Knotting monofilament has always been beset with problems and, as the success of the day relies on secure knots, we’ve got to know what we’re doing when forming our joints.

The construction and tightening of any knot in any monofilament creates a large quantity of friction and because nylon monofilament is a poor conductor of heat, the destructive high temperatures produced are restricted to the immediate area around the knot. The molecular structure is severely attacked, reducing the breaking strain.

The age-old advice to wet the monofilament with saliva is still the best counsel. Well moistened monofilament, when knotted, should be secure against critical strength loss.

Although fluorocarbon is UV light resistant, it’s no bad thing to get into the habit of storing all your leader material in cool, dry and dark conditions.

There is a belief that mono-filament which has become wet will, even if dried out, suffer a catastrophic reduction in strength. Bog-standard monofilament, due to its water absorption properties can suffer loss in strength, but modern co-polymers and fluorocarbons do not absorb water at all and can be safely soaked and dried out without compromising strength.

Fluorocarbon is so resistant to destruction that the stuff we throw away today will still be about when we are all gone. So, we should take great care in the disposal of it.
Without going into the highly complicated technical detail, co-polymer nylon is prone to twist and, after the capture of a few fish, will be altered to such an extent that it may become visible to fish. It is advisable to change co-polymer leaders throughout the day, especially if reduction in sport is noticed after a number of fish have been taken. Mind you, it is good practice to change your leader, regardless of type, if for no other apparent reason catch rates drop.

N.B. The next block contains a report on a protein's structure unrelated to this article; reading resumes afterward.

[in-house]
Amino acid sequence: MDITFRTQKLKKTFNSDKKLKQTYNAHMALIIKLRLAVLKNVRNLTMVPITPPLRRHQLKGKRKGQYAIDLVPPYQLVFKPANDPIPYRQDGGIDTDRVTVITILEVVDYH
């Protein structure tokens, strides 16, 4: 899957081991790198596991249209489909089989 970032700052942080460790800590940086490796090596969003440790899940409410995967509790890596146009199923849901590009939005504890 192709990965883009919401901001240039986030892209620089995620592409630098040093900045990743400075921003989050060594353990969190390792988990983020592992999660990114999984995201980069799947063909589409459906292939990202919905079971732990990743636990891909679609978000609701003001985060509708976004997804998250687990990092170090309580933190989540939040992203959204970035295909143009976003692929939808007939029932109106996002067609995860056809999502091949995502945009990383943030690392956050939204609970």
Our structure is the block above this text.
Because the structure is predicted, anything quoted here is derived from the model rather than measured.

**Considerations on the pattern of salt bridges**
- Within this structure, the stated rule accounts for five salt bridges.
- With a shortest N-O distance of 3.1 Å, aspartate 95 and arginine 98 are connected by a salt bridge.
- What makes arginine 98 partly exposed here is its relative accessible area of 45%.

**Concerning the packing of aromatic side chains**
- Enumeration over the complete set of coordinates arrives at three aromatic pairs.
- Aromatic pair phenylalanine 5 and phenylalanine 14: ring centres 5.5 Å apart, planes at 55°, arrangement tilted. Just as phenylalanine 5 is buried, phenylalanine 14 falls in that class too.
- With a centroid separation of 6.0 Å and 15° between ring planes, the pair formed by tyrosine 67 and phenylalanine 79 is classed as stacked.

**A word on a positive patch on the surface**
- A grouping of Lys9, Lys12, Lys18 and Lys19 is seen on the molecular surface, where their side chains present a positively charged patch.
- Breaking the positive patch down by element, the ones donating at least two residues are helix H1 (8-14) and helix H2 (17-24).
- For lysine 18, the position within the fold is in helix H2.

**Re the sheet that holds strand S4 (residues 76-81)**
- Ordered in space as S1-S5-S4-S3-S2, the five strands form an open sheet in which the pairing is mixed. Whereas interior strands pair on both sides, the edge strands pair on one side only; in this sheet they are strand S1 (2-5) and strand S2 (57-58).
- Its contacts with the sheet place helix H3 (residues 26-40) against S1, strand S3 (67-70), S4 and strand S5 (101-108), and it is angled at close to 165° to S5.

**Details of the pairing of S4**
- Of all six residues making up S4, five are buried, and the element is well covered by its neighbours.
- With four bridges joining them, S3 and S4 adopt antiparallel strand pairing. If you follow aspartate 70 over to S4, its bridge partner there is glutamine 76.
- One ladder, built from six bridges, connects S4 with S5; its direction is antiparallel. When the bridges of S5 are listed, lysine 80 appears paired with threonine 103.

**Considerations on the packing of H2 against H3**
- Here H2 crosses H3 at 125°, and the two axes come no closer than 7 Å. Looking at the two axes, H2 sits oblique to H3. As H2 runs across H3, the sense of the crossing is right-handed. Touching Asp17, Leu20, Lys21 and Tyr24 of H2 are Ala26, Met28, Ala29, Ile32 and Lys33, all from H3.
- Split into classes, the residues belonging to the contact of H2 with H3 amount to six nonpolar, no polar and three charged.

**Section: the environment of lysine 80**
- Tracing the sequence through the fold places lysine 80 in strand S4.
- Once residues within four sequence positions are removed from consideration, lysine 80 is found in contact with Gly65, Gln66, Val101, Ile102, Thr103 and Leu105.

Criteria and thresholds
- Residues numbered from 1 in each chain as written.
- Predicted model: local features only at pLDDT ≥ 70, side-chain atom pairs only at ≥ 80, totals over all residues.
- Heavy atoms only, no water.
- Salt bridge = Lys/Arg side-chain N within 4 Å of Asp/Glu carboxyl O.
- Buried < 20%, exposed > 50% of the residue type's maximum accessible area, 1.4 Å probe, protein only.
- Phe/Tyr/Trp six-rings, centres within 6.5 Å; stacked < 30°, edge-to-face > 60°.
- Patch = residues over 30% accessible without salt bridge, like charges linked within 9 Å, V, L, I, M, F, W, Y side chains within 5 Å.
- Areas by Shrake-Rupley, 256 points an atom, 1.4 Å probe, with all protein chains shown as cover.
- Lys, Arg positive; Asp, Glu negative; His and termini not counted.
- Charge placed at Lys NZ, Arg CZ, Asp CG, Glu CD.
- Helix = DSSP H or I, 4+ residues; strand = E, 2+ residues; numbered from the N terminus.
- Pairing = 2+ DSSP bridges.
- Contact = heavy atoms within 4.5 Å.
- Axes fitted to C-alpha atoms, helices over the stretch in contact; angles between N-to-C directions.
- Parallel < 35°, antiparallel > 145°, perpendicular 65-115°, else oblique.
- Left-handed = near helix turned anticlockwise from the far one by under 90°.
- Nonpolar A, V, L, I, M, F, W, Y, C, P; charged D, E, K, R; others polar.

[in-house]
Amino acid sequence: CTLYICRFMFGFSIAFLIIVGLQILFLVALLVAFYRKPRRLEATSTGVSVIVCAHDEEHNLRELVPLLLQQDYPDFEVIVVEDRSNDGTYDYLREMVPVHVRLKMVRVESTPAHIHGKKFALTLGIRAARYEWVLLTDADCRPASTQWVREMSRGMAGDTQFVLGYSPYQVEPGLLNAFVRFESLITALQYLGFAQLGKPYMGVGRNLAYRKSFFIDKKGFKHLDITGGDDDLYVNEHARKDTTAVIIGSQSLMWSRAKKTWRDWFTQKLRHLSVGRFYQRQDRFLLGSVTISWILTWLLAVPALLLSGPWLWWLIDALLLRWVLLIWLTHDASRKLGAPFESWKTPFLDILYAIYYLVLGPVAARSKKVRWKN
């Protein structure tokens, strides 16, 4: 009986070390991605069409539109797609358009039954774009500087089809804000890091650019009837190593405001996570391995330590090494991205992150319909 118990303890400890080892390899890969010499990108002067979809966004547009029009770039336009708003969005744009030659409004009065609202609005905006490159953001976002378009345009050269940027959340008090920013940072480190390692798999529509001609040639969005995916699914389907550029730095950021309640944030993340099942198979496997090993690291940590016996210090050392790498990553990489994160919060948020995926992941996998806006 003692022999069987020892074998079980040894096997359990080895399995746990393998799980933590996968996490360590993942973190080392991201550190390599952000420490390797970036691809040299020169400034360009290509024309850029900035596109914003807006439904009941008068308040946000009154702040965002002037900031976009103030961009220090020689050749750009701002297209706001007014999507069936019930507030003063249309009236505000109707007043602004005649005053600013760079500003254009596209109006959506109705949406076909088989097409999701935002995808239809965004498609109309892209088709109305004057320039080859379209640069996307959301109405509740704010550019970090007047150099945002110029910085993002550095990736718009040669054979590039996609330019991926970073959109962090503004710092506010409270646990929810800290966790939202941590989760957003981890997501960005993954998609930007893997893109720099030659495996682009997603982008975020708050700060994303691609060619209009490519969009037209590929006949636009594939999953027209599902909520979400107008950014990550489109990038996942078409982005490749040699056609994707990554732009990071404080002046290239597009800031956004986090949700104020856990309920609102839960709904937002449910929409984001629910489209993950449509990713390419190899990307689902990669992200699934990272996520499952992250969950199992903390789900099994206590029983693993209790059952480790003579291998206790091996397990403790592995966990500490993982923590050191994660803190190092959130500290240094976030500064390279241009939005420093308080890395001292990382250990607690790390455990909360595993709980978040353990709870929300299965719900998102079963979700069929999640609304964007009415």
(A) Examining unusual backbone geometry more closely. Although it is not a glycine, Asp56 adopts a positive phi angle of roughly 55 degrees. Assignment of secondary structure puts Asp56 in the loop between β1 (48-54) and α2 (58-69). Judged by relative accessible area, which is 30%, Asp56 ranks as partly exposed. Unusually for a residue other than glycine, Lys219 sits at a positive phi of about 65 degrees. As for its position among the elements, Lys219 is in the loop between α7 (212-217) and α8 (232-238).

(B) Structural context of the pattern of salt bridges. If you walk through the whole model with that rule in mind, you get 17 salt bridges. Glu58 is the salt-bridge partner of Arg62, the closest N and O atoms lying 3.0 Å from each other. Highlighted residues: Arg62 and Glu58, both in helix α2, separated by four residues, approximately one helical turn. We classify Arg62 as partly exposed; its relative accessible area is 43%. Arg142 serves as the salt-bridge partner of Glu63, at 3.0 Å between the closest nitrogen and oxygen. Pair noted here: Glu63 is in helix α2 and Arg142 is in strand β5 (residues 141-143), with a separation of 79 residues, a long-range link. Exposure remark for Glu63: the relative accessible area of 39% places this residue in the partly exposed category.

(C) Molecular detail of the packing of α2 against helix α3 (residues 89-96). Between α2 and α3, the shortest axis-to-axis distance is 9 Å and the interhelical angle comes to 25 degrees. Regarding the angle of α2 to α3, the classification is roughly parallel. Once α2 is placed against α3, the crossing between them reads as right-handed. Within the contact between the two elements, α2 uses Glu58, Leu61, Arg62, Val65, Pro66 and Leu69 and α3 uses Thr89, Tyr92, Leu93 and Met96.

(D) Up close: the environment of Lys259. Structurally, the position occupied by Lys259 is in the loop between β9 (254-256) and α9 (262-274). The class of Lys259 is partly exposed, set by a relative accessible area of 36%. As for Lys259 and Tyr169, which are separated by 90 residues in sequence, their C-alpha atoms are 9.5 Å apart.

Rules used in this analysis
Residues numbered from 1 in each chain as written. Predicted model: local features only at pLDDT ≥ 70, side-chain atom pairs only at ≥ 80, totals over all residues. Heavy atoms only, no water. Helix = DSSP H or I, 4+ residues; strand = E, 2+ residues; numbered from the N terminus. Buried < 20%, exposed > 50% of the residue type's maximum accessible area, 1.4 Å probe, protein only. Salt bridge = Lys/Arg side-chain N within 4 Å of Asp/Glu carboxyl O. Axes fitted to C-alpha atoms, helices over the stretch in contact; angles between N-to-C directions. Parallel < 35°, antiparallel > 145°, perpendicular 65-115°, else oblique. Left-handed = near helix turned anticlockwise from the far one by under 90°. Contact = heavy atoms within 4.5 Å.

Strategic use of monofilament types
Although it is common practice for anglers to use one type for all techniques, this is not advisable. One of the best things that choice in monofilament types can do for modern fly fishermen is to allow them to tailor leaders to perfectly suit tactics.

Nylon monofilament is still the leader material of choice for the bulk of salmon anglers and wet fly pullers for wild trout. It has a high stretch capacity, has only slightly negative buoyancy and suits shallow water fishing for feisty fish held on a short line. However, low knot strength and susceptibility to abrasion can have anglers searching for alternatives.

Co-polymer monofilament is very suitable for Nymph and Buzzer fishing in shallow water, but excels as dry fly leader material. Dry flies which sit well down in the surface film require little encouragement to sink entirely. In such a situation the mere effect of ripple acting on the leader material will sink the fly, so it makes sense to use a material which has a slow sink rate.

The high knot-strength and supple qualities of co-polymer monofilament also allow finer leader materials to be used, either for ‘educated fish’ or when very small flies are required.

Top quality co-polymers are now the choice of cost conscious anglers wanting a leader material which has all-round compatibility.

Fishing is a very subjective sport and one man’s meat can definitely be another’s poison. Just as we have favourite flies in which we invest magical properties, our choice of monofilament may well transcend logic. My personal favourites (at the moment) are Stroft GTM in co-polymer, and Riverge Grande Max and Sightfree G3 in fluorocarbon.

As regards colour, you will find that most well-informed pundits will advise clear monofilament. Most monofilaments have a low refractive index (fluorocarbon the lowest of all) which simply means they are virtually invisible in water. To add colour to a monofilament simply raises the refractive index and, by the same token, visibility. Similarly, matt finished mono is a ridiculous concept dreamt up by someone who didn’t know Shrove Tuesday from Sheffield Wednesday. Glad to see that that one has at last fallen by the wayside.